Archive for the 'Cloistered life' Category

A Pilgrimage with St. Therese of Lisieux

Monday, February 24th, 2014

o.carm. shrineThe Carmelites of the Ancient Observance in Allentown, Pennsylvania, are unique in many respects not the least of which is their monastery and chapel, a close duplicate of the one in Lisieux, France, where St. Therese the Little Flower lived and died. It is also the first Carmel of the Ancient Observance established in the United States.

The Carmelites trace their lineage back to Elijah, the great prophet, though the order was formally begun probably in the 12th century on Mount Carmel in modern-day Israel where hermits were believed to have resided for many, many centuries. You may recall from the first book of Kings that it was the site of the great confrontation between Elijah and the false prophets of Baal. Elijah challenged them to a trial by fire, won by the true God of Israel. When the people saw fire descend on the offerings of Elijah, they cried: “The Lord—He is God! The Lord—He is God!” (cf. 1 Kings 18)

stella marisFor all who have been to Mount Carmel in Israel, overlooking the harbor of Haifa, it is a place that leaves one with goosebumps. I happened to stay a memorable night at Stella Maris with the Carmelite nuns who live on the mount and offer pilgrims rooms. The cave below the main altar is believed to be the cave where Elijah lived.

Mother Therese of Jesus, O.Carm., founded the Allentown Carmel in 1931 along with her companion, Mother Clement Mary. Mother Therese was born in Germany and Mother Clement in North Dakota  but both came to America by way of a Carmel in Naples, Italy! In fact, an eruption of Mount Vesuvius precipitated their departure.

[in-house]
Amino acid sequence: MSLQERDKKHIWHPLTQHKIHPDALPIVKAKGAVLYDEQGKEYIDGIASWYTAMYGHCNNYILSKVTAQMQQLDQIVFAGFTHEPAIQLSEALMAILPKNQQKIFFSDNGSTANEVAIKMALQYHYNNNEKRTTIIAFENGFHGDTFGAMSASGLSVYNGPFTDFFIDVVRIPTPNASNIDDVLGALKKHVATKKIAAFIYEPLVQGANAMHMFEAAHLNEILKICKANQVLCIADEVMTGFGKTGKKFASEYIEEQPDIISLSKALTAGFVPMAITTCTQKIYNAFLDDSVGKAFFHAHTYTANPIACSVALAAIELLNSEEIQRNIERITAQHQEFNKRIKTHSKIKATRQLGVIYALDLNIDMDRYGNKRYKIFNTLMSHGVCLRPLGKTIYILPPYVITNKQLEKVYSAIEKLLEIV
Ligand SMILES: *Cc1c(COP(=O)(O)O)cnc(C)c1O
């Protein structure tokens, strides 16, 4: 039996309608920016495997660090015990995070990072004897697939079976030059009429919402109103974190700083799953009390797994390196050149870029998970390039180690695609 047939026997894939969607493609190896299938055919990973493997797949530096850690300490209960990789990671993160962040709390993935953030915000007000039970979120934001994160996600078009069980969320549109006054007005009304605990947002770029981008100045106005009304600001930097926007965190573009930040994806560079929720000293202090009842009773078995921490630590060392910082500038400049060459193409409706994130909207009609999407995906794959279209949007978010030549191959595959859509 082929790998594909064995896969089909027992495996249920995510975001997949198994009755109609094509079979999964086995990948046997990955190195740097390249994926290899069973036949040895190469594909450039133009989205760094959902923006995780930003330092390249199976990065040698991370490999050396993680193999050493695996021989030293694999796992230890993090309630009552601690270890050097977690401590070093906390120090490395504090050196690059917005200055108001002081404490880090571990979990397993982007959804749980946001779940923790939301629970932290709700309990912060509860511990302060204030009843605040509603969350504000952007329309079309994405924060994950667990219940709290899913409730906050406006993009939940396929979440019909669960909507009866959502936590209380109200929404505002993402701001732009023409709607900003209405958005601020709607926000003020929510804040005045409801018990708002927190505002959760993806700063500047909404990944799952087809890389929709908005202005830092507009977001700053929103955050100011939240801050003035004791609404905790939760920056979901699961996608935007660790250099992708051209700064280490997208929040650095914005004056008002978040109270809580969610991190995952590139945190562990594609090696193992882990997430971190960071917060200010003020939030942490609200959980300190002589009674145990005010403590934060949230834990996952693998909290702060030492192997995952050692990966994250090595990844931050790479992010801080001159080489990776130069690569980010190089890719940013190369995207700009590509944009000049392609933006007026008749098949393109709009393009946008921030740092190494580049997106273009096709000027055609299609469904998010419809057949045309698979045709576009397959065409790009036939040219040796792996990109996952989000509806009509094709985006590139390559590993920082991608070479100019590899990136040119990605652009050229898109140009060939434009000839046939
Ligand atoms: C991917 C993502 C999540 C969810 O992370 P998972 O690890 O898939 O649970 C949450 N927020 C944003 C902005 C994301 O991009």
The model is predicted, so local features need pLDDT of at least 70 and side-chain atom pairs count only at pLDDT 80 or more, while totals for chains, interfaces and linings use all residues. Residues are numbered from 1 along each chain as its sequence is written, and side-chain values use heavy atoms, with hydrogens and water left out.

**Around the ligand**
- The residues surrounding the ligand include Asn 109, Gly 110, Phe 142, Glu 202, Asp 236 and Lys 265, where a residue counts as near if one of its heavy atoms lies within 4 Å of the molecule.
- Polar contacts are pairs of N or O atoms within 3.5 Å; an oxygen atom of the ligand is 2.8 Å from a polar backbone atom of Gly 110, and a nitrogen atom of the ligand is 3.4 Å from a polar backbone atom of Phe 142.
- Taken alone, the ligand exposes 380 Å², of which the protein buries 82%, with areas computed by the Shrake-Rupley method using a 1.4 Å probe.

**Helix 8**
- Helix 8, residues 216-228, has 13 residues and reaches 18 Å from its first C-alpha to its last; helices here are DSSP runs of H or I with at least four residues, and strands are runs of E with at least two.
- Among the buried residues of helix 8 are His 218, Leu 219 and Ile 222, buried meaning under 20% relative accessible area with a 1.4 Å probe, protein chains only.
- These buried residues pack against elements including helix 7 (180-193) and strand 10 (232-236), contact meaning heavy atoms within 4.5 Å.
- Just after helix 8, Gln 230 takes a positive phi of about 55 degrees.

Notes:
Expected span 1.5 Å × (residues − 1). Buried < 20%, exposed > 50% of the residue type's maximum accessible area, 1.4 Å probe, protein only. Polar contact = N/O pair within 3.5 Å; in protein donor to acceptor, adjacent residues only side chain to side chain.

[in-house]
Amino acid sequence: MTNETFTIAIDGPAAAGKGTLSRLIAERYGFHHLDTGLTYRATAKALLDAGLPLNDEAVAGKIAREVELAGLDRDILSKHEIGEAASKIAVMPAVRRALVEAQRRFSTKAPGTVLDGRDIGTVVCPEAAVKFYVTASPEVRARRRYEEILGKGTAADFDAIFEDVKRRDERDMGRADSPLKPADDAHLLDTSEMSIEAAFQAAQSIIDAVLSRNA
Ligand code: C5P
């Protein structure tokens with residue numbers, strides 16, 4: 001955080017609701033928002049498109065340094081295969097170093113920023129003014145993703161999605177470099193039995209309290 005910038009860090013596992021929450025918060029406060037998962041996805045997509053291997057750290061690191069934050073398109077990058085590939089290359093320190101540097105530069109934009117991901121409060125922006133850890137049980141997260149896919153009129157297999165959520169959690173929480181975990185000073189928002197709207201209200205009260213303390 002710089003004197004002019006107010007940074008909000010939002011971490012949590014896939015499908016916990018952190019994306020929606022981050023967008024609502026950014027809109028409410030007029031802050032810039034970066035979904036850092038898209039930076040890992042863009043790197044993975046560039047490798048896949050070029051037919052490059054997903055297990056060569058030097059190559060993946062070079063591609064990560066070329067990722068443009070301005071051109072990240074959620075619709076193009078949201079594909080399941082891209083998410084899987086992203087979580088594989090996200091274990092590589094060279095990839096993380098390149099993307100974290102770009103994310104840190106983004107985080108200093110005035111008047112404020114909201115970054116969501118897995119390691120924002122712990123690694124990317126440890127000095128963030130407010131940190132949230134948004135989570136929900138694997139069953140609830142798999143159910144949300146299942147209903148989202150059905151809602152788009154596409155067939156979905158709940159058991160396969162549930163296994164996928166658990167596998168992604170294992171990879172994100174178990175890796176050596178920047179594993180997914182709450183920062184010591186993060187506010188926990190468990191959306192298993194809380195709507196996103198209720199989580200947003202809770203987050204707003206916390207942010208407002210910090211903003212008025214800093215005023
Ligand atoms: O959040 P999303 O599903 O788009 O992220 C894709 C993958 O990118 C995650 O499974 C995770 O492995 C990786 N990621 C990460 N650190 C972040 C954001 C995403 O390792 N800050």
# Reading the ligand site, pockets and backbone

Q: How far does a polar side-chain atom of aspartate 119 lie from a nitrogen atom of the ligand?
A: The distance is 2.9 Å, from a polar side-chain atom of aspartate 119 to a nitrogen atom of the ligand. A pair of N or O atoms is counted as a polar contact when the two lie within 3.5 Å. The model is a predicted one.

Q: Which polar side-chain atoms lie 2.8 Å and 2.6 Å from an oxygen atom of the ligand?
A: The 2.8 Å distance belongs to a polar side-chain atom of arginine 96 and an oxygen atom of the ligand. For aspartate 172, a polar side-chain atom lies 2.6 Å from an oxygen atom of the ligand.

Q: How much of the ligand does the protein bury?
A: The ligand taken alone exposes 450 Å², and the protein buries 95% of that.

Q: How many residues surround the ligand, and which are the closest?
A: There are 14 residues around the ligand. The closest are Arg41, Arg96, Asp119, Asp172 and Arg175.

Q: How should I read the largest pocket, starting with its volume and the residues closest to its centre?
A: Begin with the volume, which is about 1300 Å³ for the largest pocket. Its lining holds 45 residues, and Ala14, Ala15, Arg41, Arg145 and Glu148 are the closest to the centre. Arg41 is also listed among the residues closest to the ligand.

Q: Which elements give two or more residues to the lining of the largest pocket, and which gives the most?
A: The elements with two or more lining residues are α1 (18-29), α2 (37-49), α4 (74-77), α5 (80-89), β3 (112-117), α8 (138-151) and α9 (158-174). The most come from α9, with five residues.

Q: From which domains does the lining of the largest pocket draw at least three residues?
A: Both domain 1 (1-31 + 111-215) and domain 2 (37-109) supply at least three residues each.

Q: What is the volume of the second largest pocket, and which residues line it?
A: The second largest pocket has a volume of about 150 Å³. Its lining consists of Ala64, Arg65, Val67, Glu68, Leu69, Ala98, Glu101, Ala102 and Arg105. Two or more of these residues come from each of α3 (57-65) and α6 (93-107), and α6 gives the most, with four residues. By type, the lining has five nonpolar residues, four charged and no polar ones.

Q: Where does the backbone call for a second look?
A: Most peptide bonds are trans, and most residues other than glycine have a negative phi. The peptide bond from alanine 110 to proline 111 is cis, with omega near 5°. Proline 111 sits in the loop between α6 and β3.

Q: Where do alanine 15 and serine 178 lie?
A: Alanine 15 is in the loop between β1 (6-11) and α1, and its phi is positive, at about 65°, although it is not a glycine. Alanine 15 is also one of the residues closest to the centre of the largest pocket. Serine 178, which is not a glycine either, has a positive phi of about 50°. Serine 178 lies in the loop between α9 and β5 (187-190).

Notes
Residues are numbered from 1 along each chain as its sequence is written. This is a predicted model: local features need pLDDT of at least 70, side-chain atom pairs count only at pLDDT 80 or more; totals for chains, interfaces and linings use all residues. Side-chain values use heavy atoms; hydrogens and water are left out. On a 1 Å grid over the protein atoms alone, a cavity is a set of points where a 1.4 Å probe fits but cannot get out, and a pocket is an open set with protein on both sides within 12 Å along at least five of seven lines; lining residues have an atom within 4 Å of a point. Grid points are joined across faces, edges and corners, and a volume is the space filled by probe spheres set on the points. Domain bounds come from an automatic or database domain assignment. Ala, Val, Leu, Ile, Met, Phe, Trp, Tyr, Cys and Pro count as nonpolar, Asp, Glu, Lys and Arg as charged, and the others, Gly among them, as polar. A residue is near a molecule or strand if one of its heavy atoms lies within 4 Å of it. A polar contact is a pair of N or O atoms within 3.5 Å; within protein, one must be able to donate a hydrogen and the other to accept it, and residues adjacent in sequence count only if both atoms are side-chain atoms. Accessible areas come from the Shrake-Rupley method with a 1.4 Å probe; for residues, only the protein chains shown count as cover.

Mother Therese died on Easter Tuesday morning, April 11, 1939. However, when the mausoleum was being renovated in 2001, her body was exhumed and appeared to be incorrupt, 63 years after her death. So was the green palm branch that had been placed in her tomb. Her body was moved to the Monastery, and the tomb is now open to the public on Sundays for visits and prayer. The cause for her canonization is being studied.

ocarmThe chapel, whose patroness is St. Therese of Lisieux, is full of stained glass windows showing scenes from the saint’s life not often seen depicted in stained glass. Other Carmelite saints are also highlighted. It sounds like a wonderful place to contemplate the mysteries and majesty of God!

With zeal have I been zealous for the Lord God of Hosts.” (Carmelite motto)





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Desert Nun Run

Thursday, February 20th, 2014

nunrunSome “nun runs” involve young women taking minivans to various convents and monasteries. This “nun run” truly involves running!

The Poor Clares of Perpetual Adoration of Our Lady of Solitude Monastery in Tonopah, Arizona, are hosting their 5th annual “desert nun run” on March  8, 2014. This is their biggest fundraiser of the year with the proceeds going towards the construction of their monastery. For the time being, they live in temporary modular homes though the chapel was dedicated in 2011. Their goal is to have a complete cloistered monastery in the heart of the desert, a first for the diocese of Phoenix. They also hope that the publicity will build up their community of friends and raise awareness of their otherwise hidden contemplative mission of adoration and intercession.